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Old 25th July 2011, 06:59 PM   #6
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Quote:
Originally Posted by 4pyros View Post
I have used my pyrobox tapped horns a few times now and have had some interesting speaker cone damage on two of the 8 boxes I made. Thay have creased and delaminated on the inside of the box only. That is to say the damage is on the side of the cone that is closest to the end of the horn.
I dont think thay have been over powerd but thay had the shortest speaker wires run to them.
Maybe I execeded Xmax?
Maybe not having a tapered throat is not such a good thing?
At this point I would like to rule out the TH box design.
Any thoughts?

Here is the box;
The throat is 3-3/4" on both ends.

And here is the damage;
It looks like the speakers not only exceeded Xmax, but Xlim.
The speaker with the shortest speaker wire will have the most damping factor, exerting the most control over cone movement, the magnet can push or pull the cone more effectively with the short cable.

Unfortunately, even the undamaged cones may be stressed, I have seen many progressive failures looking like what you show, the cone gets "tenderized" over a period of time then starts to buckle.

What HP filter are you using?

Have you ever measured peak to peak cone movement with similar program to what kinked the cones?

What power amp, how many drivers per side?

Were there any open microphones while fireworks were discharged?

Not sure what you mean "damage is on the side of the cone that is closest to the end of the horn" was the position of the damage in relationship with the cabinet, kink towards the grill, or towards the back ?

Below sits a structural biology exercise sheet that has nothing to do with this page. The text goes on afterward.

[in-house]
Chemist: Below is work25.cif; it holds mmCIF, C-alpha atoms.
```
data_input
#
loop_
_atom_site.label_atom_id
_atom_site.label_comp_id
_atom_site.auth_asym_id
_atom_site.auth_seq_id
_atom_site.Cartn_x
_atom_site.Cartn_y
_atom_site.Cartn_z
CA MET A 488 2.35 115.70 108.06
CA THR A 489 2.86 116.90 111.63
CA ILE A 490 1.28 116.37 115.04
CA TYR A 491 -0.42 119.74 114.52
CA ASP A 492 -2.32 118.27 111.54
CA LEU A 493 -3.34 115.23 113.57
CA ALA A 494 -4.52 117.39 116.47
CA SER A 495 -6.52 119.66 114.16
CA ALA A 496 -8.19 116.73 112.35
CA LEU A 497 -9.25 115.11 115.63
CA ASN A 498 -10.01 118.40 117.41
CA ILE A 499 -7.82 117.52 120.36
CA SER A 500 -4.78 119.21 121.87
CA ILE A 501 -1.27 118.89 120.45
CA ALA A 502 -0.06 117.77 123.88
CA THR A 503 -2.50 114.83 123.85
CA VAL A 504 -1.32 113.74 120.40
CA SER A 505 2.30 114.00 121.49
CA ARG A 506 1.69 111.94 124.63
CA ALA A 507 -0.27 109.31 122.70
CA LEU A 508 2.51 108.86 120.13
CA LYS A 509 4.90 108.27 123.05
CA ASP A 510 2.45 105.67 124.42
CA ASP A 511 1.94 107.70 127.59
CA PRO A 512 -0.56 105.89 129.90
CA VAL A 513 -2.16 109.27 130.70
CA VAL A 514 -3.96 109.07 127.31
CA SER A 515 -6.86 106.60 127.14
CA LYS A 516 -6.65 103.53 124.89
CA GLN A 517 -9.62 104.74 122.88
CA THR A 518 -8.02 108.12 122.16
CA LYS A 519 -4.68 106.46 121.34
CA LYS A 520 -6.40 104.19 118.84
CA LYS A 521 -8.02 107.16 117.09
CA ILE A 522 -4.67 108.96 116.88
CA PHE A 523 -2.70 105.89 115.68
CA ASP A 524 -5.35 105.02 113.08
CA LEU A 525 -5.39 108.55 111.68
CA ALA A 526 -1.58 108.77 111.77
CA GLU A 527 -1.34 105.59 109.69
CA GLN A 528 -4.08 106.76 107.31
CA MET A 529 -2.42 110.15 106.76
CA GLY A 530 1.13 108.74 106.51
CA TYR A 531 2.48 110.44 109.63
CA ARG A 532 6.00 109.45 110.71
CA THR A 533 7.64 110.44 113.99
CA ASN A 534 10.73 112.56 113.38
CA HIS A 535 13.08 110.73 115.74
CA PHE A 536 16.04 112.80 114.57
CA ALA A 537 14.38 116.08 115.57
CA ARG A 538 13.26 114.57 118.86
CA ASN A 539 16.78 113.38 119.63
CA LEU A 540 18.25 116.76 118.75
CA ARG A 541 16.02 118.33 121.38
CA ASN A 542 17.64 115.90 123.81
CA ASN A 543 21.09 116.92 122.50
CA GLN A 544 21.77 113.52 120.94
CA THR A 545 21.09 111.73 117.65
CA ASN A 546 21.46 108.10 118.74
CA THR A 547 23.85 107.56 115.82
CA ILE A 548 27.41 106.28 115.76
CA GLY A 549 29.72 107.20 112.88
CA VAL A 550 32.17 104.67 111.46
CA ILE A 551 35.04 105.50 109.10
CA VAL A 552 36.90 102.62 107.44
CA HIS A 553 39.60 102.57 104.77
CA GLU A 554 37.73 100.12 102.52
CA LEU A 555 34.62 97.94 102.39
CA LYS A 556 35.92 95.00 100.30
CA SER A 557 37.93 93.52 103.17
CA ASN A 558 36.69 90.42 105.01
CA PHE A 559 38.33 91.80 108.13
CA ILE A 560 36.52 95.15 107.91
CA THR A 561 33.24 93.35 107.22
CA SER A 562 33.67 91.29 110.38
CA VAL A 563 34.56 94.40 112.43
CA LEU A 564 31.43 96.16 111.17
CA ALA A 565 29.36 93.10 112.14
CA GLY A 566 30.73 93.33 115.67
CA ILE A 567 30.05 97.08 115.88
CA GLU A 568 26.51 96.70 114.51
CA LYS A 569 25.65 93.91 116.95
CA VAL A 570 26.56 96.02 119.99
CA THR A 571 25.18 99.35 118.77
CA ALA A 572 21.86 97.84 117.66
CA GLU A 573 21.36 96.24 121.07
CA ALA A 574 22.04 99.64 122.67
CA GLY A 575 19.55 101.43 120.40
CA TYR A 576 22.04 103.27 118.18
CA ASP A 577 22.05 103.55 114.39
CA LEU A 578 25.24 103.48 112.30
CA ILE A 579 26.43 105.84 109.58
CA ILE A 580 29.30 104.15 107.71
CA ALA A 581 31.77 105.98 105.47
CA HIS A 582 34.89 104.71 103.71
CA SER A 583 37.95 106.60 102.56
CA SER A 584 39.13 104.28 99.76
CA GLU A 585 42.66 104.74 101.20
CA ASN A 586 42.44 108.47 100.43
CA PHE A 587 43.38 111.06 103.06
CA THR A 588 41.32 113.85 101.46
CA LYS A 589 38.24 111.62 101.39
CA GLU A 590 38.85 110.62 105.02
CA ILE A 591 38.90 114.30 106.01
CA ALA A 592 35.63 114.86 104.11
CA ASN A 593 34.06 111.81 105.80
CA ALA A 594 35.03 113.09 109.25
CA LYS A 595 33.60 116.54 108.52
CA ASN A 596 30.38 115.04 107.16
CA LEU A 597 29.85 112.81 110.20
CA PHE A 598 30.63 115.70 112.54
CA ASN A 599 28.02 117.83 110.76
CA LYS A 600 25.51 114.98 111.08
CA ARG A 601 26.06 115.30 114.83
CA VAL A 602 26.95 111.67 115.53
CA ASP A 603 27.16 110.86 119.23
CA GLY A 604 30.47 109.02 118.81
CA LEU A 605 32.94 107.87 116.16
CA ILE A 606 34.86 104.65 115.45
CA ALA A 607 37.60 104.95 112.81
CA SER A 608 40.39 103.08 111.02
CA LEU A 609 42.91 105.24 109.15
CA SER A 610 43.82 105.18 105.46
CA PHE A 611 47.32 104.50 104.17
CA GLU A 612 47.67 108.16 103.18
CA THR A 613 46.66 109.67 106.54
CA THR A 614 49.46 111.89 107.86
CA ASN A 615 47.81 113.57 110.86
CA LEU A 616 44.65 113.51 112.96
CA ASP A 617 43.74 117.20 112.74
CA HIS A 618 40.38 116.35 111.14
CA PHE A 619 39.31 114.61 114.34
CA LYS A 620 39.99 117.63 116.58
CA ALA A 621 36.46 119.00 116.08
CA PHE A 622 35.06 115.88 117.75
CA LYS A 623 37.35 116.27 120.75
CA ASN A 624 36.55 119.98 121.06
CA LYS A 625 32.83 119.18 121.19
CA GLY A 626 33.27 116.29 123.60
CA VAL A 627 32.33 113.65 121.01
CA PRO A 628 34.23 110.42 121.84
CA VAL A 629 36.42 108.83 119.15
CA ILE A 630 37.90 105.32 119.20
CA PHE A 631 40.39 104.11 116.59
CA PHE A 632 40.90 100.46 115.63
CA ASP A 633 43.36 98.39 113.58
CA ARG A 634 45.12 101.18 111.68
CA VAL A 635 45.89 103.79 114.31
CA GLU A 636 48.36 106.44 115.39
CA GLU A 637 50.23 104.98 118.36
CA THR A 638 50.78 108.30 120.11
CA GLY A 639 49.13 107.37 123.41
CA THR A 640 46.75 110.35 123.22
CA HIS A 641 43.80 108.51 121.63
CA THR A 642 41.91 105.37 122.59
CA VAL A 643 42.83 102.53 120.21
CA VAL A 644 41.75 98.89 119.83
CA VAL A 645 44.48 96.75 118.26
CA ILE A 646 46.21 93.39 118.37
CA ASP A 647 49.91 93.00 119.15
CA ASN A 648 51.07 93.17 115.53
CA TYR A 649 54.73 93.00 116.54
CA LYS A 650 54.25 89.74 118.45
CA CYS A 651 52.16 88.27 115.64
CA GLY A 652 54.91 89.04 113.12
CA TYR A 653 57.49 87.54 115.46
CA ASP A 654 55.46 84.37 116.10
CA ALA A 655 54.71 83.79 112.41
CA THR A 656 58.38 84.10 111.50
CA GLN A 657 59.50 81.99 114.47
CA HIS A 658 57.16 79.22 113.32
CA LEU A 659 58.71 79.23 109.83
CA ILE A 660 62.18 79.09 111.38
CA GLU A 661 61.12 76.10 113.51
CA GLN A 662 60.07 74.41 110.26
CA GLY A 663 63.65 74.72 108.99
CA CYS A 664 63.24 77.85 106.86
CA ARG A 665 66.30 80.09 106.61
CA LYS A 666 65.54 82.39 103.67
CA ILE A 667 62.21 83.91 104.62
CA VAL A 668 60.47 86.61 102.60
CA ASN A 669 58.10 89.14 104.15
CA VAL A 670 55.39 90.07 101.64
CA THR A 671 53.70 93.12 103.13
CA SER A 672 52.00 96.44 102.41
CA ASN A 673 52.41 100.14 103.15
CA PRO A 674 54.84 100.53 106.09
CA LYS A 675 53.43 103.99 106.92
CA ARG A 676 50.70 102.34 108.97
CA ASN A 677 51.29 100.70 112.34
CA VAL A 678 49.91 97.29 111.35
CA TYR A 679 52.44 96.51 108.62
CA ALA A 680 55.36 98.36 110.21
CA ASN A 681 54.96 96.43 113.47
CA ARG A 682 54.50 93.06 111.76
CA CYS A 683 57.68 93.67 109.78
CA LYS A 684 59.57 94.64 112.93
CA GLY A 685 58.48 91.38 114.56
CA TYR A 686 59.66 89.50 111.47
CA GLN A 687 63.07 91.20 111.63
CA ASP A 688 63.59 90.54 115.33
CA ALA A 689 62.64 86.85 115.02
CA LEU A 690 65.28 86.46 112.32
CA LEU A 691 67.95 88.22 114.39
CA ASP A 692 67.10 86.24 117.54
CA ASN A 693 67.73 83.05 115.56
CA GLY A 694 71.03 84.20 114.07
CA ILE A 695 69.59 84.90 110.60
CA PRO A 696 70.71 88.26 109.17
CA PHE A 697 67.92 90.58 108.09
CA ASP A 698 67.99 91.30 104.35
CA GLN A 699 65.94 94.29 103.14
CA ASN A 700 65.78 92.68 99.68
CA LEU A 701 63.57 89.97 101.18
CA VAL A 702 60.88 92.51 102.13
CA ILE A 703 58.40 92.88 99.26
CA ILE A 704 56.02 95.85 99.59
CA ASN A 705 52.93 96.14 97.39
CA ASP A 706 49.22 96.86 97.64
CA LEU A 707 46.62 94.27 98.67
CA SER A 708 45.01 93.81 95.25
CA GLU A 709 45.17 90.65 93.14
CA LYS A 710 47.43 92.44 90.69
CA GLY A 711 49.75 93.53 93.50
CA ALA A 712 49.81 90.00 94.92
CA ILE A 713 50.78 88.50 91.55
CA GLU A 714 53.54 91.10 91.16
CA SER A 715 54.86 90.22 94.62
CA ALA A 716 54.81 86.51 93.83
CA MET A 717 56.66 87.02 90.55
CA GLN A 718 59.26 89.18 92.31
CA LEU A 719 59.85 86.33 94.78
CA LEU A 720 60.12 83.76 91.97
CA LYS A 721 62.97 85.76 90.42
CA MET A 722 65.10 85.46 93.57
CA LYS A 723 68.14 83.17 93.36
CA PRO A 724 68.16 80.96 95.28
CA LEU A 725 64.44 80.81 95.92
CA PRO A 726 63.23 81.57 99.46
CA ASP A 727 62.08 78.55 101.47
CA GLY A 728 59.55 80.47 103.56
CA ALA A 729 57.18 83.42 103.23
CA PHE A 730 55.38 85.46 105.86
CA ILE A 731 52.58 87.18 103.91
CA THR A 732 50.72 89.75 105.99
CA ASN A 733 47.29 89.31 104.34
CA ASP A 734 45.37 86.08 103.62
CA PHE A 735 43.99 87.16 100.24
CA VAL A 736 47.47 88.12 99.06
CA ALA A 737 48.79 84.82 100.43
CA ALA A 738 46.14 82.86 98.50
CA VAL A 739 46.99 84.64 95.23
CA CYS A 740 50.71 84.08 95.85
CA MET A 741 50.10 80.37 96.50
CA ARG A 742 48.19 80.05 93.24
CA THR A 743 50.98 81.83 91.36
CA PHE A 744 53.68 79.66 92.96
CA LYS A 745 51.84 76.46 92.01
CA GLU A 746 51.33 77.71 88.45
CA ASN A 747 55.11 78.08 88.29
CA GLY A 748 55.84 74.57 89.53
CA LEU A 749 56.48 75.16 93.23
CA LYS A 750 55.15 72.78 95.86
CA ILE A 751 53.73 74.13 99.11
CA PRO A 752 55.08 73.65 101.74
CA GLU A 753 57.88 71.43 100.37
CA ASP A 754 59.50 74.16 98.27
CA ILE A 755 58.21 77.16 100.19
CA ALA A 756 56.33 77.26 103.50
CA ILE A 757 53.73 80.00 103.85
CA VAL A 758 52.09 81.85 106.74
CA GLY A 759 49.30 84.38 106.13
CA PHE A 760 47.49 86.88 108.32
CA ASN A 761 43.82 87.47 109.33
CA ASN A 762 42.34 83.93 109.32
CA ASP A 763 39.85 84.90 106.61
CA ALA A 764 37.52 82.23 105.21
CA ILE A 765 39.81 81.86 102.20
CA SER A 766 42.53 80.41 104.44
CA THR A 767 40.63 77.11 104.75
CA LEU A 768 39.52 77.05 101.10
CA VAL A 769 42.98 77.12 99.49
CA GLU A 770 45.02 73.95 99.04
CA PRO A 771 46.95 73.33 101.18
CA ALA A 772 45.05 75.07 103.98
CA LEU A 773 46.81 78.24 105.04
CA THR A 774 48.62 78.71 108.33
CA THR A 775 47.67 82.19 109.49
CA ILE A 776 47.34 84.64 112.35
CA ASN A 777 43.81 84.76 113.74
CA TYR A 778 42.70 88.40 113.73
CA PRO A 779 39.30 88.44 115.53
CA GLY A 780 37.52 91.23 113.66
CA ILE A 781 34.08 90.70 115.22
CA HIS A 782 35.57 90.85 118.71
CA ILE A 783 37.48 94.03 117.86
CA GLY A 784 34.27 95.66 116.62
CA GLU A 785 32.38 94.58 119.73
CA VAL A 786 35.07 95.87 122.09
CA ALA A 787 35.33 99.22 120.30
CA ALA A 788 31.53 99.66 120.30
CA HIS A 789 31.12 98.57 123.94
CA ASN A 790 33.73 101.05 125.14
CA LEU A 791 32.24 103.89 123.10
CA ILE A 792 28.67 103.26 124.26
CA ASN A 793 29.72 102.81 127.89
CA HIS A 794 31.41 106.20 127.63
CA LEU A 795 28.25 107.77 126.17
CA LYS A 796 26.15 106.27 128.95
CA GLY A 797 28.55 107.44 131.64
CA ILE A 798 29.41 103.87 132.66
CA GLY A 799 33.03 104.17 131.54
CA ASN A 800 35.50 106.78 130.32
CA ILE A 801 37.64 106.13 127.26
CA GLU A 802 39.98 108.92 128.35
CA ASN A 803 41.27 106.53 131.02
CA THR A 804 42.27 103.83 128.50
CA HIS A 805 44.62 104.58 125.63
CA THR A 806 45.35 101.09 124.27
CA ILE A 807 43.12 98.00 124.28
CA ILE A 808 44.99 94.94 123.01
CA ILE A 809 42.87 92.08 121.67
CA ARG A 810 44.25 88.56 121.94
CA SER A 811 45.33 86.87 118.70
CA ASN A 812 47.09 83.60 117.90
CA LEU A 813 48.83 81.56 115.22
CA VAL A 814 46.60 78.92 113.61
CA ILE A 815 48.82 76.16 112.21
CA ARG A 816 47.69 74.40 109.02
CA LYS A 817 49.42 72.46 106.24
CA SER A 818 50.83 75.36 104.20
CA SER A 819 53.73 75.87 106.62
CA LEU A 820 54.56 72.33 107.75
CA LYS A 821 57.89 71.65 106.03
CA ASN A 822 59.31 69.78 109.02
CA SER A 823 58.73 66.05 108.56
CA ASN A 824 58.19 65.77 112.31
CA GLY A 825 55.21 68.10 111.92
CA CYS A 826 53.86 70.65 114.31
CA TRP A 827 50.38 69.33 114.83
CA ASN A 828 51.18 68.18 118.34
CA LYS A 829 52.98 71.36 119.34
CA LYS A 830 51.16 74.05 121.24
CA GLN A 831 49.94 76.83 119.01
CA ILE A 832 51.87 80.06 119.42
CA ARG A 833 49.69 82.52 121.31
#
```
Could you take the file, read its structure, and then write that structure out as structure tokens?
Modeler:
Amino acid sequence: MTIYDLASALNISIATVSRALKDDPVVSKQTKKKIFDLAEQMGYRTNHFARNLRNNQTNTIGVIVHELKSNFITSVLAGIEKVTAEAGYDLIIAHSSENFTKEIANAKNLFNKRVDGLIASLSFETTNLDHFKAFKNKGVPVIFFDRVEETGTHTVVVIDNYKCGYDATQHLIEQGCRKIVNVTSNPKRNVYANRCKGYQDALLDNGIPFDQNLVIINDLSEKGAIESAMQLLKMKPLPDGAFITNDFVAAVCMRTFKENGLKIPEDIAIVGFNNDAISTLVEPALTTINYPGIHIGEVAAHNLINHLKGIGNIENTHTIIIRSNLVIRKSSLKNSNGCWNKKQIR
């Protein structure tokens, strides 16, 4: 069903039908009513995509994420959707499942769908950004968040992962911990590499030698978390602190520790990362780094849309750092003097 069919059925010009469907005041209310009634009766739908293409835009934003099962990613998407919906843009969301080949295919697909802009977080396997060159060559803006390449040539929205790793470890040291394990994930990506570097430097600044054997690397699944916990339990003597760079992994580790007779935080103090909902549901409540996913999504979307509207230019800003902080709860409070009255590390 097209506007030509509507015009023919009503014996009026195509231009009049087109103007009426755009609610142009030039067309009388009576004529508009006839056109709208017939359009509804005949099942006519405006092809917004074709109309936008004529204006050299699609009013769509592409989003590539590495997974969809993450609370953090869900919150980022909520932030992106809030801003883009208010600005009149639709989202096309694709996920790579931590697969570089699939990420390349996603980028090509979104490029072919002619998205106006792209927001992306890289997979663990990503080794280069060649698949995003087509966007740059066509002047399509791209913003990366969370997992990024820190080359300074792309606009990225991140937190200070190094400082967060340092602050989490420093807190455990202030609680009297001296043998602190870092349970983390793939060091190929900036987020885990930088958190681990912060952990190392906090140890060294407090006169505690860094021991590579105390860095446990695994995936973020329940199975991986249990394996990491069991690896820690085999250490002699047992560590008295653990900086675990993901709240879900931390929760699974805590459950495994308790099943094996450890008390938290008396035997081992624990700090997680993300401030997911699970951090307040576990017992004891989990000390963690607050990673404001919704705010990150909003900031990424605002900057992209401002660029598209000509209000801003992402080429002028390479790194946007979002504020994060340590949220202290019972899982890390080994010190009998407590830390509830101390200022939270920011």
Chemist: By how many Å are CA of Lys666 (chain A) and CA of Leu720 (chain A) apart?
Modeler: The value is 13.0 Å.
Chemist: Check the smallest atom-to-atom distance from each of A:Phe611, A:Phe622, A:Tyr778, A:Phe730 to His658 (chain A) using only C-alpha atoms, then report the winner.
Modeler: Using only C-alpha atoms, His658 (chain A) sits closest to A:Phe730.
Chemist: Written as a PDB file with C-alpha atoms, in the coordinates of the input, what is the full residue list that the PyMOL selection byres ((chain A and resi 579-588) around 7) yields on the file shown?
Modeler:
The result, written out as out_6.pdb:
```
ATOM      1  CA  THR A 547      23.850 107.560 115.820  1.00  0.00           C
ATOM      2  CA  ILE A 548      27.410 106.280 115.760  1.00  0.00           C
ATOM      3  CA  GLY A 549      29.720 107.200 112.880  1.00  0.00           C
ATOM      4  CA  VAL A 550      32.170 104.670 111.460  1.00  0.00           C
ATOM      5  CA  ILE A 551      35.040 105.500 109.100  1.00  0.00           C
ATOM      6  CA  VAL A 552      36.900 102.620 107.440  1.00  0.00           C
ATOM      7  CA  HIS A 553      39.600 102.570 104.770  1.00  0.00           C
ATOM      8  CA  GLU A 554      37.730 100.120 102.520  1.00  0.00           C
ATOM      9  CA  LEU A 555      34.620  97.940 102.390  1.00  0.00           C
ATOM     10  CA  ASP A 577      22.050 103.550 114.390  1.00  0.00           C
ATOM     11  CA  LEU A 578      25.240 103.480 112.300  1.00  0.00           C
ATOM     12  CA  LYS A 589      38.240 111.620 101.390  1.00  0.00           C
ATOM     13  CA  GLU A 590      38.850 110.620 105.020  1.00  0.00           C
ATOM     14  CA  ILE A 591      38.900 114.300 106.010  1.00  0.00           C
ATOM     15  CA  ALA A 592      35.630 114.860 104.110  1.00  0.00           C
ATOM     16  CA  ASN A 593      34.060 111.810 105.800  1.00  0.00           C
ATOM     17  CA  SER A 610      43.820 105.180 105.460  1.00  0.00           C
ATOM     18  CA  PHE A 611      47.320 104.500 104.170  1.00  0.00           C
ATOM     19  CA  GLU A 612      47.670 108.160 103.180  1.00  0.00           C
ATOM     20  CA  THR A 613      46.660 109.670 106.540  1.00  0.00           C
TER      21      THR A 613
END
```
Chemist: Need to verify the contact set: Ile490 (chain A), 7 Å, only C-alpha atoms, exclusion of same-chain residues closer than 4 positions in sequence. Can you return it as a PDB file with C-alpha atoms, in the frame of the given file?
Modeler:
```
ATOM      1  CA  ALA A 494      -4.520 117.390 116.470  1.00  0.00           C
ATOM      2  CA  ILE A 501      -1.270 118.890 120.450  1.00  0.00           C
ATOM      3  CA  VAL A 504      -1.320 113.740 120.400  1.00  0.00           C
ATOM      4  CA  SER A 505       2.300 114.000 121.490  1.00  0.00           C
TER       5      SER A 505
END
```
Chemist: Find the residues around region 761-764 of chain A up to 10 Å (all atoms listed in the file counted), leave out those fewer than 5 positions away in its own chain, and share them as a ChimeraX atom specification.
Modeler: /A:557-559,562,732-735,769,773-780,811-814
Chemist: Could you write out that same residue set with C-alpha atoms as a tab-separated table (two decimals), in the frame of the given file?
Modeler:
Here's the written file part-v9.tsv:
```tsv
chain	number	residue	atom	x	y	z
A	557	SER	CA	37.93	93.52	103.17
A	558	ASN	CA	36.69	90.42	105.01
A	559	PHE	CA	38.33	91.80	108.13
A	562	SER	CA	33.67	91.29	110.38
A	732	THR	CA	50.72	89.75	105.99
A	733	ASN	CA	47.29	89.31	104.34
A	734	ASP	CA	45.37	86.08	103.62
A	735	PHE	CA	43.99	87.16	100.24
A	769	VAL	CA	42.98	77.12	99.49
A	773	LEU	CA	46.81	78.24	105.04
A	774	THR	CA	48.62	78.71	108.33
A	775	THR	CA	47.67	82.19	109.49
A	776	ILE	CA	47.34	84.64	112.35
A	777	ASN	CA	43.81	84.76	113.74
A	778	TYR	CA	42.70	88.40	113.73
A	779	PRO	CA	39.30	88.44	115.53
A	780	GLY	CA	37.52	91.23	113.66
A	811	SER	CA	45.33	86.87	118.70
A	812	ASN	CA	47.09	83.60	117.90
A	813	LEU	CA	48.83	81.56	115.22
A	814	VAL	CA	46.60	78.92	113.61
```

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Old 25th July 2011, 07:00 PM   #7
epa is online now epa  Netherlands
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is the hole in the bafle a slot or circular 14.03" ?
edit/found the answer in the ss15 topic .
but it seems to me a combination of overexcursion and uneven loading.
i fixed an 18"beyma once with carbon fiber treads spreaded out and wood glue (verdunt)mixed with water)
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Last edited by epa; 25th July 2011 at 07:12 PM.
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Old 25th July 2011, 07:39 PM   #8
Djim is offline Djim  Netherlands
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Old 25th July 2011, 08:05 PM   #9
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WOW you guys are fast.
Quote:
What Crossover settings are you using?
How much power per driver?
Is that the Eminence 3015LF driver in the photos?
Regards
Martin
I have them crossed between 40 and 120 Hz.
Yes thay are kappa Lite 3015LFs
At the time those tore I was running 2 per channel off a QSC PL380 with 1/2 gain. Its rated at 2500 watts per channel at 4 ohms. At half gain it should be 1250 per channel and 625 max per speaker. So yes the amp could have over powered them.
Andy
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Old 25th July 2011, 08:16 PM   #10
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Quote:
maybe a leak in the path might create uneven pressure across the cone
Quote:
Maybe something slipped, is leaking or myriad of other issues when playing with wood
I dont think it could be a construction issue. I made the throats separately as a sealed box with a removable speaker mounting plate and then installed the hole assmbly into the horn. I used 3/4 poplar hardwood for the sides and 3/4 birch ply for the panels put together with PL glue.
I can look again to see if I see anything out of sorts but doubt it.
Andy